Natural gas futures traded near even Wednesday as the market opted to stay put ahead of the release of government storage data expected to show a ramp up in injections. Shoulder season weather continued to limit spot market action across most regions, though prices fell in constrained West Texas and across much of the West; the NGI National Spot Gas Average fell 3 cents to $2.32.
The June contract settled 0.5 cents higher at $2.737 Wednesday, never venturing beyond Tuesday’s range after trading as high as $2.759 and as low as $2.725. The July contract settled at $2.760, unchanged day/day.
Estimates for Thursday’s Energy Information Administration (EIA) storage report show the market expecting a larger-than-average injection into Lower 48 gas stocks approaching triple digits for the week ending May 4.
A Reuters survey of traders and analysts on average predicted a 91 Bcf build, with responses ranging from 75 Bcf to 114 Bcf. A Bloomberg survey produced a median 90 Bcf injection, with a range of 62 Bcf to 114 Bcf.
IAF Advisors analyst Kyle Cooper called for a 96 Bcf build, while Intercontinental Exchange EIA storage futures settled Tuesday at an injection of 94 Bcf for the upcoming report.
Last year, EIA recorded a 49 Bcf injection for the period, and the five-year average for the week is a build of 75 Bcf, EIA data show.
Consensus estimates have whiffed on the past few EIA storage reports. Last week, EIA reported a 62 Bcf injection, about 10 Bcf looser versus expectations. The week before that, EIA reported an 18 Bcf April withdrawal that beat most estimates to the bullish side.
“As long as production remains high, if we start getting some triple digit injections over the next couple weeks, I think the market would come under some pressure,” Rafferty Commodities Group Vice President Steve Blair told NGI.
On the other hand, if recent above-normal temperatures continue it could translate into cooling demand later this month, presenting some upside risk, he said.
“At this point, I really don’t expect too much out of the market...if we start getting some really hot weather, that’ll change the dynamic pretty quickly,” Blair said. “But short of that, the market’s probably going to sit in this range.”
Meanwhile, the big news in the energy space this week came when President Trump on Tuesday announced that he would be withdrawing the United States from the Iran nuclear deal entered into by the Obama administration.
“Following the announcement, other signatories of the deal including Europe, Russia and Iran reiterated their support for the agreement as well as their desire to revisit it,” analysts with Goldman Sachs Commodities Research said Wednesday. “This support may not be sufficient however to offset the more hawkish U.S. stance and the likely high level of efficiency of unilateral U.S. secondary sanctions.”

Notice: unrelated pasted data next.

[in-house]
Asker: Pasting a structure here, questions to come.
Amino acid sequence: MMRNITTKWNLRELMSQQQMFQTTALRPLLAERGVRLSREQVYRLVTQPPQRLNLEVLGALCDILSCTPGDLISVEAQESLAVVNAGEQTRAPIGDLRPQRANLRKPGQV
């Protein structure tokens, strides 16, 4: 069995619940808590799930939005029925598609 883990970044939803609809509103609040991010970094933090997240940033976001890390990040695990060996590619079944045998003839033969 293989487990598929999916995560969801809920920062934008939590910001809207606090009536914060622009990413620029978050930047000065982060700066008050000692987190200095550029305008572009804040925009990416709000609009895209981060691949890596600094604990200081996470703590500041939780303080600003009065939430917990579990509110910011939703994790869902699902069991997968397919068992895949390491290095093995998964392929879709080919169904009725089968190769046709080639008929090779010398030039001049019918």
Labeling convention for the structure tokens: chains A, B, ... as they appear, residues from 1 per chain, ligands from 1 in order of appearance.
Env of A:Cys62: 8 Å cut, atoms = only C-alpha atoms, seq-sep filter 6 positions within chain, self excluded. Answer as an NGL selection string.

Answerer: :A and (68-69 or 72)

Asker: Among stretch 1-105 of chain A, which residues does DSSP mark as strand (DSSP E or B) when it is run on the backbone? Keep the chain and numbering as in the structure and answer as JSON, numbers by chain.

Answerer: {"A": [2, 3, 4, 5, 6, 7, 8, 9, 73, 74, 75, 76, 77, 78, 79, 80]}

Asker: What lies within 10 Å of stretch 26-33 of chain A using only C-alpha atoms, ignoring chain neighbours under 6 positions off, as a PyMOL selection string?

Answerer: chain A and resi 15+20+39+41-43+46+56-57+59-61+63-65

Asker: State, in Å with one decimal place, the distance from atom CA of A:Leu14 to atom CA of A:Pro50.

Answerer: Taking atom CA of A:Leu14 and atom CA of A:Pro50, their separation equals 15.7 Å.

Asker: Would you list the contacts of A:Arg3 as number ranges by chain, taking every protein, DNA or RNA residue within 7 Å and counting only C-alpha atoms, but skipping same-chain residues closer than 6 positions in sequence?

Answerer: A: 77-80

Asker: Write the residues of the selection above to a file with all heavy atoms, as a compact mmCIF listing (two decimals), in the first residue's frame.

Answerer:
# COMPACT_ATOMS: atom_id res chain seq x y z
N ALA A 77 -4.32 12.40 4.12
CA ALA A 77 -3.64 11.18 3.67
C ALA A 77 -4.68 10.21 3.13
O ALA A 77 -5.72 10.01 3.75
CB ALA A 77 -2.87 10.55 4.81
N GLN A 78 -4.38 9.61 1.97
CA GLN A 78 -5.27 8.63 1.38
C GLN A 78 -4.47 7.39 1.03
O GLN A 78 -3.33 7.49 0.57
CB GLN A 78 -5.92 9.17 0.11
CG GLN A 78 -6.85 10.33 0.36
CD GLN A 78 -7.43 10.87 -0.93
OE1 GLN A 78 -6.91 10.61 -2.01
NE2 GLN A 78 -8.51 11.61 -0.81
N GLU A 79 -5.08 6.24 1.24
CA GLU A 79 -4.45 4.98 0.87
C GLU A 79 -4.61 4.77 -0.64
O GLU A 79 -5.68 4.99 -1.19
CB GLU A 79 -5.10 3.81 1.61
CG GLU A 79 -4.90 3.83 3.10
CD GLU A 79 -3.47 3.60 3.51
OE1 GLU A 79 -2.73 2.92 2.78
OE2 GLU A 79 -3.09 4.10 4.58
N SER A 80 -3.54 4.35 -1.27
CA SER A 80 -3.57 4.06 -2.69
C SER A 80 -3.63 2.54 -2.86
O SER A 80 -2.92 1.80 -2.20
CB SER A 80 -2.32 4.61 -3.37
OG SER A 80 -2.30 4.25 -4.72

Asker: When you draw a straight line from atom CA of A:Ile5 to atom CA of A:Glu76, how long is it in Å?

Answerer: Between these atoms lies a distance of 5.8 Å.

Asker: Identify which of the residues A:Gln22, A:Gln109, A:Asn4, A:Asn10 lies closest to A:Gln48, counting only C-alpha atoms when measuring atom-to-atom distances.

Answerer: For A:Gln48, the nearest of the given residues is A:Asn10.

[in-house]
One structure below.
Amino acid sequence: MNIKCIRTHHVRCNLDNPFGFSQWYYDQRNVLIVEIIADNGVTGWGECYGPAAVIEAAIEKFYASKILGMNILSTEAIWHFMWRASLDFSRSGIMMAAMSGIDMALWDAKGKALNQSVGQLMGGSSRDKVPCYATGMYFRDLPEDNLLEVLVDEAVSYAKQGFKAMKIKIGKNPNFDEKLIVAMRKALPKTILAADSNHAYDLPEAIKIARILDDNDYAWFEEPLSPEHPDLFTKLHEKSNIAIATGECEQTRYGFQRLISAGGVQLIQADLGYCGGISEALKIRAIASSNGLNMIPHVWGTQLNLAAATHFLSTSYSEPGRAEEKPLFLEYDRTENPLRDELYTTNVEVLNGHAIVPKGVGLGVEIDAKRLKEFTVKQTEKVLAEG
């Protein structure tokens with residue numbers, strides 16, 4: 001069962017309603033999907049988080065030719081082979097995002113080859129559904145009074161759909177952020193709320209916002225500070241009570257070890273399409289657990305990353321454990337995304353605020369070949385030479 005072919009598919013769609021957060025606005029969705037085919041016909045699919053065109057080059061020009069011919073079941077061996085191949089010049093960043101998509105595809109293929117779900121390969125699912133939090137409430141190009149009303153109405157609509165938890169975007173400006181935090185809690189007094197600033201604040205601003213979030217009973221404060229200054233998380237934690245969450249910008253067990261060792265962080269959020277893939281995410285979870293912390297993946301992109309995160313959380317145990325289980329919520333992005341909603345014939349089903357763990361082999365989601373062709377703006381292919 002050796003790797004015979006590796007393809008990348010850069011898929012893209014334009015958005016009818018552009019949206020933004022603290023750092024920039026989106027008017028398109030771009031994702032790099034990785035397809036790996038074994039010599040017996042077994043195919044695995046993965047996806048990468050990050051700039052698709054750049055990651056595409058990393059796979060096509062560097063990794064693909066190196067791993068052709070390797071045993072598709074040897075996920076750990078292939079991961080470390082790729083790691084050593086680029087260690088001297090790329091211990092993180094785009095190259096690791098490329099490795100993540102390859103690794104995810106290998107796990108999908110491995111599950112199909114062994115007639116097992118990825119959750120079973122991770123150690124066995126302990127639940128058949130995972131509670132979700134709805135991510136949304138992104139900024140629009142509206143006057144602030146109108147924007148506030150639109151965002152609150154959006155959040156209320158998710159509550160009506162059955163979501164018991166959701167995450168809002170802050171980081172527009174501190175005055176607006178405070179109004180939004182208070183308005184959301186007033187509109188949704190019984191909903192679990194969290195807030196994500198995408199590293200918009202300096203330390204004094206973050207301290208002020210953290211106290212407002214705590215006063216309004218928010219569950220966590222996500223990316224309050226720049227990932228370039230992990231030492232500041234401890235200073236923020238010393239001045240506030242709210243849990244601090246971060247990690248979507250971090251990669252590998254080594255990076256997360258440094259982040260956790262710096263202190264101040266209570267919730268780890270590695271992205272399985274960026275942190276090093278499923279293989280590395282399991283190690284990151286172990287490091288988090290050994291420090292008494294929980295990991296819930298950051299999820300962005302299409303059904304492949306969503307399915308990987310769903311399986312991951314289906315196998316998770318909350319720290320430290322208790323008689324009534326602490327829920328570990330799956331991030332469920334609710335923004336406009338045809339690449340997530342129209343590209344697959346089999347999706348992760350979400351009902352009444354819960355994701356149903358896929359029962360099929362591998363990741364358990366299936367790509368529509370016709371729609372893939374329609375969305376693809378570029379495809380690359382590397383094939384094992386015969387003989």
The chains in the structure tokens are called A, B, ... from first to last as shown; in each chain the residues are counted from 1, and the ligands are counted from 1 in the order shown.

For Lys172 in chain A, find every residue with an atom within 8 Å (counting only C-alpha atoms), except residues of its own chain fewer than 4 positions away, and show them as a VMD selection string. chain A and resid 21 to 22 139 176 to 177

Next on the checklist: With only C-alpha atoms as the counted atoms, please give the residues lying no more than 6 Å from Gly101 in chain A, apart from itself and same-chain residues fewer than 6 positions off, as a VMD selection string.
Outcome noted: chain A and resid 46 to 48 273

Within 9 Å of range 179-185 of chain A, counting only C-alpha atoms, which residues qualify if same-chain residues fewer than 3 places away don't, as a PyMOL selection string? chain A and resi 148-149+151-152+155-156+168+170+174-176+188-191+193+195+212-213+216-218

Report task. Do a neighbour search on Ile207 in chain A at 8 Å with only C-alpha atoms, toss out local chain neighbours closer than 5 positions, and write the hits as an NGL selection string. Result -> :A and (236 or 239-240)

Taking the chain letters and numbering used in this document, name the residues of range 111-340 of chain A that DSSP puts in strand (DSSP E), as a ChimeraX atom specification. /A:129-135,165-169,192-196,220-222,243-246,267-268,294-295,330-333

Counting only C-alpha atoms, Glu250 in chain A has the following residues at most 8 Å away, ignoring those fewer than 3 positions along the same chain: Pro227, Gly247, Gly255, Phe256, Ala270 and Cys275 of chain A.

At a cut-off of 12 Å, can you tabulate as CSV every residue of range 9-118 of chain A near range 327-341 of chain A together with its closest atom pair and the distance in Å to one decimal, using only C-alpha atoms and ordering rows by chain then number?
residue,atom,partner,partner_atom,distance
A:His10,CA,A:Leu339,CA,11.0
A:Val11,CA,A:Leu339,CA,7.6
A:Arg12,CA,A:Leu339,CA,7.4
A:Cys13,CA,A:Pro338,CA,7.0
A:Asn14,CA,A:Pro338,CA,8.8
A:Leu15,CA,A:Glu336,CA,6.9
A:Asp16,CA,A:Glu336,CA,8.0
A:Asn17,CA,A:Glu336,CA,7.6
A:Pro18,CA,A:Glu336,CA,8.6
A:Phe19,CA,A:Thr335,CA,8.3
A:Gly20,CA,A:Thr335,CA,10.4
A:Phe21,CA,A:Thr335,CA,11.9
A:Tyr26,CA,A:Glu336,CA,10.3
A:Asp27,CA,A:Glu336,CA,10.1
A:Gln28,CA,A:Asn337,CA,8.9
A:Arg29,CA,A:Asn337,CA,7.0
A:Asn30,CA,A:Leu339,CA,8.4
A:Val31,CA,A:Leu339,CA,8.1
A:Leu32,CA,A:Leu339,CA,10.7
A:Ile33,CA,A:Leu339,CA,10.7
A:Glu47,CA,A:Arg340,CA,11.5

“...Importantly, this does not imply that Iran supply losses will go unanswered, with Saudi Arabia already commenting that it would seek to mitigate production losses and” U.S. Strategic Petroleum Reserve “releases also possible,” the Goldman Sachs team said. “Nonetheless, such supply responses would still end up reducing limited levels of spare capacity in a market already in large deficit.”
Tuesday’s announcement, along with “rising geopolitical tension” in key producing nations including Saudi Arabia and Venezuela, adds risk of more production losses “in the face of depleted inventory buffers,” the analysts said. “This leaves risk for our summer $82.50/bbl Brent price forecast squarely skewed to the upside.”
Genscape Inc. natural gas analyst Rick Margolin noted that the news helped lift West Texas Intermediate crude prices above $70/bbl “for the first time since November 2015.”
And higher crude prices will lead to more associated gas from the U.S. onshore.
“These rallies in crude keep lifting our Spring Rock production forecasts” for natural gas, with forecasts this week showing a “year-on-year increase of more than 7.5 Bcf/d for the calendar strip,” Margolin said. “The crude rally’s impact on gas production resonates in liquids-rich plays” like the Permian Basin, Denver-Julesburg and Bakken Shale. “Even in areas like the Eagle Ford, which -- just a few months ago -- was priced to show declining gas production is now poised to add more than 0.3 Bcf/d year-on-year.”